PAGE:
Date of Award

Spring 4-2022

Document Type

Dissertation/Thesis

Degree Name

B.S. Ed. Special Education

Department

Special Education

First Advisor

Cynthia Stunkard

Abstract

Awareness surrounding the increasing prevalence of autism spectrum disorder and Asperger syndrome has become much more widespread in recent times. Children are diagnosed as being on the autism spectrum more than ever. However, the key here is the word “children.” We focus on the behavior, development, and well-being of our children for good reason.

While the oversaturated focus on children is entirely justified, this focus overshadows a minority within the autism community that deserves the same attention and recognition. This minority group consists of the adults who have gone years without a formal diagnosis of autism spectrum disorder or Asperger syndrome. These are the people who have “slipped through the cracks,” who have had experiences entirely unique from their peers growing up with no clear explanation as to why that was the case. These people were unable to truly piece together their own identities, and had great difficulty finding others experiencing similar struggles.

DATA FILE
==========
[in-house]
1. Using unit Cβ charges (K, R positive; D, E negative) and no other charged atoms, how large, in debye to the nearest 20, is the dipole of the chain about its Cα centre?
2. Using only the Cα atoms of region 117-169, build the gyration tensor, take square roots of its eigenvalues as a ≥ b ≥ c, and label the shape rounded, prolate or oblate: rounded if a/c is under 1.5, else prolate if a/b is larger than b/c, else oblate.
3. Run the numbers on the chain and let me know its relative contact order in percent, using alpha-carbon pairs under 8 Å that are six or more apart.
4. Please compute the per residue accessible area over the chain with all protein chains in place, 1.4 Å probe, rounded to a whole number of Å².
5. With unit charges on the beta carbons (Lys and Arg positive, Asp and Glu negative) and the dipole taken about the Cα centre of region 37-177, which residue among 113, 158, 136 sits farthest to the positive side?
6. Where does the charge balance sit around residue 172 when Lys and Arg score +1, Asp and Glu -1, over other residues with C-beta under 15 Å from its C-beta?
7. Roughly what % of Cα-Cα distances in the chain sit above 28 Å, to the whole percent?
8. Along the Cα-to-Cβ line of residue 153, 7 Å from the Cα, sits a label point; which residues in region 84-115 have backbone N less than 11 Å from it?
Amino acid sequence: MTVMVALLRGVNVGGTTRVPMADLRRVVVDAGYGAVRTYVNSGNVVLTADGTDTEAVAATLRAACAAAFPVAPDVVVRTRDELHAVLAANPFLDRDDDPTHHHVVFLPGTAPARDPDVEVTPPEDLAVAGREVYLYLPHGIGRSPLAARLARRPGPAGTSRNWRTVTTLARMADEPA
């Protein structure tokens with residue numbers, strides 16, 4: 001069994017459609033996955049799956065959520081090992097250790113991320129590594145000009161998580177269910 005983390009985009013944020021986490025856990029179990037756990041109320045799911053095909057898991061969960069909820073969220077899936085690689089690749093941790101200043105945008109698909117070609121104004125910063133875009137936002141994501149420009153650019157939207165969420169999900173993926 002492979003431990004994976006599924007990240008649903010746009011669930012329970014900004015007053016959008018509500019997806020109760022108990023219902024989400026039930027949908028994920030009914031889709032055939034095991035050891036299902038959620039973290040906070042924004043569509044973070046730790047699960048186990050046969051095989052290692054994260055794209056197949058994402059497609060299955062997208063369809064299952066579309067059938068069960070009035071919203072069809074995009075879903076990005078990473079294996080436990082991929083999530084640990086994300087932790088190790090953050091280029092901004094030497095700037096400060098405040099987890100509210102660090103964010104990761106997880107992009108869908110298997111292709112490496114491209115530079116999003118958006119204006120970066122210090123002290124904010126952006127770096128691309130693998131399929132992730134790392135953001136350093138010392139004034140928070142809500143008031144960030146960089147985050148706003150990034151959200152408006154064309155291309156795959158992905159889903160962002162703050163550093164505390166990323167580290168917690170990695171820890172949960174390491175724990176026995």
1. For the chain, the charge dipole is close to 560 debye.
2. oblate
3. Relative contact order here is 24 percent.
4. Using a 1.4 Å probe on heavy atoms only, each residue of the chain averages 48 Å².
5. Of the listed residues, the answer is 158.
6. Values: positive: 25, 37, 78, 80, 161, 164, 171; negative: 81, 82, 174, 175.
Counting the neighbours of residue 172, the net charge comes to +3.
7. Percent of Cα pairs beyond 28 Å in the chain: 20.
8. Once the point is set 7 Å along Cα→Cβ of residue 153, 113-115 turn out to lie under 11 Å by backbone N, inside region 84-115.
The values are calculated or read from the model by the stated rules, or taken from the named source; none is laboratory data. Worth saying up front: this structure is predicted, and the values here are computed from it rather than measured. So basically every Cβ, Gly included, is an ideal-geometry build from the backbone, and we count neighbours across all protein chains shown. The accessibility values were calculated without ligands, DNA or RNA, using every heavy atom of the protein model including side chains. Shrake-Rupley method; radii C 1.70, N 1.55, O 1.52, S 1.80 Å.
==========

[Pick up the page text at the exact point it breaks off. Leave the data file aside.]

Through my research, I aim to give individuals who were diagnosed with autism spectrum disorder or Asperger syndrome in adulthood as opposed to childhood the validity and recognition they deserve. I have identified three main goals of my research and the creation of this project. My first goal is to add to the relatively small pool of existing research for adults in the autism community. My second goal is to bring awareness to the phenomenon of those who have “slipped through the cracks,” meaning those who were diagnosed much later in life rather than in childhood. My third and final goal is to learn about and share the experiences of real individuals who were diagnosed in adulthood as opposed to childhood.

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